People watch movies for all sorts of reasons, but one of the strongest may be because we’re fascinated by other people. Other people, other lives, other ways of being in the world. We only have one life, and it’s understandable that part of the allure of sitting in the dark staring at a screen is comparing our experience of being alive with what we perceive in other human beings living theirs.
Nonfiction cinema only makes this tendency more acute. These are, in theory, “real” lives that we’re watching, and we can choose to quietly spy on these people’s worlds in a way that feels more immediate and intense than scripted fare. We look because we’re curious, and we look because we’re wondering how we’d fare in similar circumstances. In a sense, all movies—and certainly all documentaries—could be thought of as vicarious selfies: We see other lives, but we all seek out ourselves.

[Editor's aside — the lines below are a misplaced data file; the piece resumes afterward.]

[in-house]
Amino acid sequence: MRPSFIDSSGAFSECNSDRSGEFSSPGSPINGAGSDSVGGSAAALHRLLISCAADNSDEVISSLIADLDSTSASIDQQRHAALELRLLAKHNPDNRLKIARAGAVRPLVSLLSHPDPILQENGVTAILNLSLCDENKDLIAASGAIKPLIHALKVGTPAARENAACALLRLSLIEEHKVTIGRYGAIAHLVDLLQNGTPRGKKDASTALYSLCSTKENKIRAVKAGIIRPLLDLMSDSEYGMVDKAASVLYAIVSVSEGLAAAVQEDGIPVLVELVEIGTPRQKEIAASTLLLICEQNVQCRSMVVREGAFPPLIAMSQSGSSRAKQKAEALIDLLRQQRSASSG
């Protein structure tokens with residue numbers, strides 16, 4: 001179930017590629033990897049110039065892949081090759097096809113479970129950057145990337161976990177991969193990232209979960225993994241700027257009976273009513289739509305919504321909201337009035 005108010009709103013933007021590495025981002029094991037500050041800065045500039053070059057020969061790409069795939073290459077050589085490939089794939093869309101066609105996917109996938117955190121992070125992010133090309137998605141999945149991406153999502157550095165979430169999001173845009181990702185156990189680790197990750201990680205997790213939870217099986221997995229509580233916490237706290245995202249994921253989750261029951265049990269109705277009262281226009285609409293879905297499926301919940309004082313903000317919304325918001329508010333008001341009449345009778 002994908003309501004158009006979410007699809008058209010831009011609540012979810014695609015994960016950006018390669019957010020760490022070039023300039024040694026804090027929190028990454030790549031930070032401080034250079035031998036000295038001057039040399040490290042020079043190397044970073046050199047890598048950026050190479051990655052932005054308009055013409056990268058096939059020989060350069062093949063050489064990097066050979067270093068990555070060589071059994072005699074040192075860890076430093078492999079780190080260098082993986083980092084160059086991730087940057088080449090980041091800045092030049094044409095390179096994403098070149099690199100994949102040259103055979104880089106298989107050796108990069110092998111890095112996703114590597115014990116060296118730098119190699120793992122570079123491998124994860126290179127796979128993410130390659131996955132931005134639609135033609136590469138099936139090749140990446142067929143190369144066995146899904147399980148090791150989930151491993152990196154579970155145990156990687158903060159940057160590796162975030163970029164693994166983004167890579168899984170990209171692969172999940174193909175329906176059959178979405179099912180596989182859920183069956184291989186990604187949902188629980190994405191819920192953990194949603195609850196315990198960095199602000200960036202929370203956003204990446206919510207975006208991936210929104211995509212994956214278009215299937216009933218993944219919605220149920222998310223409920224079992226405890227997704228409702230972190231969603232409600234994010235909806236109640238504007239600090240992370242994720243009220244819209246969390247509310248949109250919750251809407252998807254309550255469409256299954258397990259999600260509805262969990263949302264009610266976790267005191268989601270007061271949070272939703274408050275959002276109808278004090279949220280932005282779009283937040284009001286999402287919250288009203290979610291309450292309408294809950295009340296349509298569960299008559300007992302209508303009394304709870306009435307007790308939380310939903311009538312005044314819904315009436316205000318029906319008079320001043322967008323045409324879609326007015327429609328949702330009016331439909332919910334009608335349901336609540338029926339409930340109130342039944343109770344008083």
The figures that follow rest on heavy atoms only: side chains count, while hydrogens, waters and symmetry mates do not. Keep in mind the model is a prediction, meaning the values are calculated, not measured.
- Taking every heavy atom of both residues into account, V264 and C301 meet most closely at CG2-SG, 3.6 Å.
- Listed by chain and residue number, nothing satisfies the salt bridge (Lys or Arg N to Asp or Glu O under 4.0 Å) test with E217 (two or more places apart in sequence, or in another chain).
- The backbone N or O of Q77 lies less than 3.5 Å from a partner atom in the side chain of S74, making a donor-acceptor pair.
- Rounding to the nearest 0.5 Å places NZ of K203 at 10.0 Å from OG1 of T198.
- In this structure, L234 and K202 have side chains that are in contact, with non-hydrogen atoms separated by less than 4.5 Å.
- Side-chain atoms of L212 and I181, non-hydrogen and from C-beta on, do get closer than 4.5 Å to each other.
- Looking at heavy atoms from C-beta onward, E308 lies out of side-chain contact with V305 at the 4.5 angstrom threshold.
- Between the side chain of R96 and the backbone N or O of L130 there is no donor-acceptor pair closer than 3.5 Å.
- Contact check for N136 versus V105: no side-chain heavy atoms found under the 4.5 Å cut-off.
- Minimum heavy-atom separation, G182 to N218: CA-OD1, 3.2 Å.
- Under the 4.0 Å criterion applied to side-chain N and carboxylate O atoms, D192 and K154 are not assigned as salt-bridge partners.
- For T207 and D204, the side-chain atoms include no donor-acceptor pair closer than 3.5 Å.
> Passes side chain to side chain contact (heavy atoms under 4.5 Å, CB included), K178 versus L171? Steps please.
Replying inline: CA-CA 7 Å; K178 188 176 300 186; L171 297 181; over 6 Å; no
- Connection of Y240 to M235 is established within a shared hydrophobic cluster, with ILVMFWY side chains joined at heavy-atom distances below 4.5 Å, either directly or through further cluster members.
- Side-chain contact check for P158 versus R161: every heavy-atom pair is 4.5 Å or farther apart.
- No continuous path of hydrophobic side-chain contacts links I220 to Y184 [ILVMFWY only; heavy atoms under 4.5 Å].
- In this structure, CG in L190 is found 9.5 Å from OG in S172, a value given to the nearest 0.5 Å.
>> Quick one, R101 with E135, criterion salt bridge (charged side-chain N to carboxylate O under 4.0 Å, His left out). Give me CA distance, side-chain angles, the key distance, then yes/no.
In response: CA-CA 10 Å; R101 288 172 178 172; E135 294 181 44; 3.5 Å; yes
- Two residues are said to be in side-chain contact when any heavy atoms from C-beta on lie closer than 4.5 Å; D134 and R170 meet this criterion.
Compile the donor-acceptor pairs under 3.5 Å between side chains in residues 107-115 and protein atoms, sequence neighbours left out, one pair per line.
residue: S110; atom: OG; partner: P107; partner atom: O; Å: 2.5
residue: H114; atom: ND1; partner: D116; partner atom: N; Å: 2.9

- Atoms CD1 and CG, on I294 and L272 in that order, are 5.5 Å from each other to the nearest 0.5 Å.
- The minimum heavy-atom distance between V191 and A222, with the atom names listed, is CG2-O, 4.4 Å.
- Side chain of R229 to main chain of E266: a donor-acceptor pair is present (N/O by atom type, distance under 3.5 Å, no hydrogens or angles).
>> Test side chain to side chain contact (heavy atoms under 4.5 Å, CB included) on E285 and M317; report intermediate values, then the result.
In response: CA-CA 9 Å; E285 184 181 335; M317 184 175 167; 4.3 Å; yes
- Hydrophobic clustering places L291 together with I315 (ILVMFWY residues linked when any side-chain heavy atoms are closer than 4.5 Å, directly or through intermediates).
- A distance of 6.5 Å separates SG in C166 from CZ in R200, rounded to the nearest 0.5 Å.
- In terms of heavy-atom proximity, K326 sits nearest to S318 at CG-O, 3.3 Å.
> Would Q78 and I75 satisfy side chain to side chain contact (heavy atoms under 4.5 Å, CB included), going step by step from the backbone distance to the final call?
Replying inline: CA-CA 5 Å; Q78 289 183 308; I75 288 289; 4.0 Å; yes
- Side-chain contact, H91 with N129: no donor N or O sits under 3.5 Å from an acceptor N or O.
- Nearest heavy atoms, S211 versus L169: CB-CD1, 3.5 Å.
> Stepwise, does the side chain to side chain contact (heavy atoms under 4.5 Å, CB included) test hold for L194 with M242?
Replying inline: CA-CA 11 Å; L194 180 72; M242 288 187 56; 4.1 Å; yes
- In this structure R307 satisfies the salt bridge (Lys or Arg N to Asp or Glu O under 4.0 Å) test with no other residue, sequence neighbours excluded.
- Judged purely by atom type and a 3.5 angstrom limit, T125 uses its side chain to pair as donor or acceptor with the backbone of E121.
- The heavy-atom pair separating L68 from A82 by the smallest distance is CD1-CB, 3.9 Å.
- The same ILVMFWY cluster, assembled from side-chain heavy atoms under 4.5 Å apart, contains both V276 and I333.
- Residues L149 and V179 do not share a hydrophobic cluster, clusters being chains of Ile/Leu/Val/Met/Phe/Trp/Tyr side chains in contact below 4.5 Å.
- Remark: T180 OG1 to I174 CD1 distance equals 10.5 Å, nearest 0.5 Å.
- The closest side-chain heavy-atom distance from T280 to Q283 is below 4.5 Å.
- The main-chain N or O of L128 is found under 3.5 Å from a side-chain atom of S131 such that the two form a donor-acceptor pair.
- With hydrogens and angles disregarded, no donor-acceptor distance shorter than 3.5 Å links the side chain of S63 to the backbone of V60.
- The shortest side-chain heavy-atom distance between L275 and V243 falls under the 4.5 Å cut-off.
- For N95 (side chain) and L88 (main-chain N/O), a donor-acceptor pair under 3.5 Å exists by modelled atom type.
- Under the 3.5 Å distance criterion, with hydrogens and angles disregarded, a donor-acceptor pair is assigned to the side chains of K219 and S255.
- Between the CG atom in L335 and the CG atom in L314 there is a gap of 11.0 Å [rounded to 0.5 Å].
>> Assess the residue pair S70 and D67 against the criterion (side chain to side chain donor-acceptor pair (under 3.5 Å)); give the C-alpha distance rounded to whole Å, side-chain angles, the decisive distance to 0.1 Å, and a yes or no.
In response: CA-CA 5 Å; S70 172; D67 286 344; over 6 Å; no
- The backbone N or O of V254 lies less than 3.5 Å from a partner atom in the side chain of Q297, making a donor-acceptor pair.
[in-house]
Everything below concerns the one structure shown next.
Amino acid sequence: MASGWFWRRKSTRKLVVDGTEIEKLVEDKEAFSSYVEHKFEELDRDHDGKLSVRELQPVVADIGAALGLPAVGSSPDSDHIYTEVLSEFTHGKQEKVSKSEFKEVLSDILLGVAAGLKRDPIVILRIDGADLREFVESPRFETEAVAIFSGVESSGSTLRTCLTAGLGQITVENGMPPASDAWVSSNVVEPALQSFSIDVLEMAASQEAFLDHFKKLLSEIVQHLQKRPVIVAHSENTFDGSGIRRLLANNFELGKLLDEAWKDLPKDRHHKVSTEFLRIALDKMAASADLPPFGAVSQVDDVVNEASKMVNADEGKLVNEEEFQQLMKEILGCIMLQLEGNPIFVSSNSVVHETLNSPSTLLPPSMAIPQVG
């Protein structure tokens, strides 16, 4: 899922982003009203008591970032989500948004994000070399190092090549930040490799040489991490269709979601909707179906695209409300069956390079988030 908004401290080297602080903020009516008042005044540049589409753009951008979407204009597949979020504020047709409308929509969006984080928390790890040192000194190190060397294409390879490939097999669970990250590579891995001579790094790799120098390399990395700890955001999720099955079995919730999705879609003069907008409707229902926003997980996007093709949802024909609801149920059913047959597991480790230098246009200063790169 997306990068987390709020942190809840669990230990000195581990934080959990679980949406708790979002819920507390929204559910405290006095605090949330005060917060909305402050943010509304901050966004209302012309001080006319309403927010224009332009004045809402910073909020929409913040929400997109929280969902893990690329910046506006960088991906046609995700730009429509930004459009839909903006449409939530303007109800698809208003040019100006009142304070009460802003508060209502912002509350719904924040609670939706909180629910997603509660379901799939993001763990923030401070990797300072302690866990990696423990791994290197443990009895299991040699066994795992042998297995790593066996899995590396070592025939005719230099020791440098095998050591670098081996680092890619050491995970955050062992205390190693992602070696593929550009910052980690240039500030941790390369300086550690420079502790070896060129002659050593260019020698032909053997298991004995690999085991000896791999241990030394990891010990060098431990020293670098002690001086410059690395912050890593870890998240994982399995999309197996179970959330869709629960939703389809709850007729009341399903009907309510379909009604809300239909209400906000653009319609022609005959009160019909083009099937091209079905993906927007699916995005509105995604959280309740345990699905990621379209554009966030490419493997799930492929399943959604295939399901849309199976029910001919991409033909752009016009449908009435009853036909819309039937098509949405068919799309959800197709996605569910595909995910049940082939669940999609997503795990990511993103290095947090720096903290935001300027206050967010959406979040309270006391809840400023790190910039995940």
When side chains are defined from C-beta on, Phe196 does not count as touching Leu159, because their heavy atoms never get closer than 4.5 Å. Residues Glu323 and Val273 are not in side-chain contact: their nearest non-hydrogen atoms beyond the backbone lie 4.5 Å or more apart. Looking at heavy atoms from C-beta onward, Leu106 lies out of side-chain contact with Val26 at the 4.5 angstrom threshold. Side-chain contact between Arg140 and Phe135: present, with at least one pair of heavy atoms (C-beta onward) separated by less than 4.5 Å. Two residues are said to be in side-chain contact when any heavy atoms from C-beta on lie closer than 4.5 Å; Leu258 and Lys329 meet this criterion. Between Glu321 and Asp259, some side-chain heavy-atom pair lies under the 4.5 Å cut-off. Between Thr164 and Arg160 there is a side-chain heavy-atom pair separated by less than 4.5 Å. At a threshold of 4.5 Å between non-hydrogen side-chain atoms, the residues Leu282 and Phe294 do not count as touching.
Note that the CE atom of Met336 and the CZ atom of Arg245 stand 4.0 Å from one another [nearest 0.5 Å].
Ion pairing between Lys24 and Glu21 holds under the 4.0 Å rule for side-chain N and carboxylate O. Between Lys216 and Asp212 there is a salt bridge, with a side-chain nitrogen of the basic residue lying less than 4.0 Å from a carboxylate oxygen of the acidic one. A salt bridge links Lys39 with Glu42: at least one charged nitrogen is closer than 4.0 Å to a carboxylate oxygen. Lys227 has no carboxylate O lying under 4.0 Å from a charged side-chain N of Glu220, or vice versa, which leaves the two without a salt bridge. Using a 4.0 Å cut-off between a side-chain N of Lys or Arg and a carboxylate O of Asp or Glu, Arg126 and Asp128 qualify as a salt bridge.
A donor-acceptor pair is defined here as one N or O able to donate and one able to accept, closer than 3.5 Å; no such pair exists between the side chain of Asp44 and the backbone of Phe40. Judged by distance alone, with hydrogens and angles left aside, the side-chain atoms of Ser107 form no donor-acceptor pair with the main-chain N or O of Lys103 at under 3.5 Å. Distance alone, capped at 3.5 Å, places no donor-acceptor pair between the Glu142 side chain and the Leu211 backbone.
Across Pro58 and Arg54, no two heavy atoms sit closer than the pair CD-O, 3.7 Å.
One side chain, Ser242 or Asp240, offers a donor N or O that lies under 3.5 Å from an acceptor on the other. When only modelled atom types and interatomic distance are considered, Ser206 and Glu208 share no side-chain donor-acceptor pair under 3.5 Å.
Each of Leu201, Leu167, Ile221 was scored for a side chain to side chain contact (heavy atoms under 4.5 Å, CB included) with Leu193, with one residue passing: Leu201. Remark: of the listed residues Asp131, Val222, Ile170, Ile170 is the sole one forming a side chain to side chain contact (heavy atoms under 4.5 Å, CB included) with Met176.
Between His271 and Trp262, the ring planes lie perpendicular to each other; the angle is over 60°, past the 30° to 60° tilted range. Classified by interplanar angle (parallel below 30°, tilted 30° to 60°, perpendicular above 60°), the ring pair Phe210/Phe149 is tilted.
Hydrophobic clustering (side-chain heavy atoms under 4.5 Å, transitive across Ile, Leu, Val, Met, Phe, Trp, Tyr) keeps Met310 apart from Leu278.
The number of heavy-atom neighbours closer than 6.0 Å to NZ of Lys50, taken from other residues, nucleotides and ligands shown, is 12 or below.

The 13th edition of the True/False Film Fest in Columbia, Missouri—which is also home to the University of Missouri—offered four days of contemplative examination, debuting a few new documentaries but also bringing together notable offerings from Sundance, Venice and other festivals. And, throughout the 20 films I screened at the festival (or before), I rarely stopped thinking about what I was looking at, why the filmmaker wanted me to look at it, or what the subject hoped to achieve by being looked at. There were no “right” answers to these questions, no “better” way for a documentary to approach these concerns—if they were even conscious of them. Still, as a general rule of thumb, the more a movie seemed to be wrestling with its own existence, the greater or more intriguing the results. Most of us grapple with our motives and desires on a personal level—why shouldn’t documentaries awash with messy, urgent life do the same?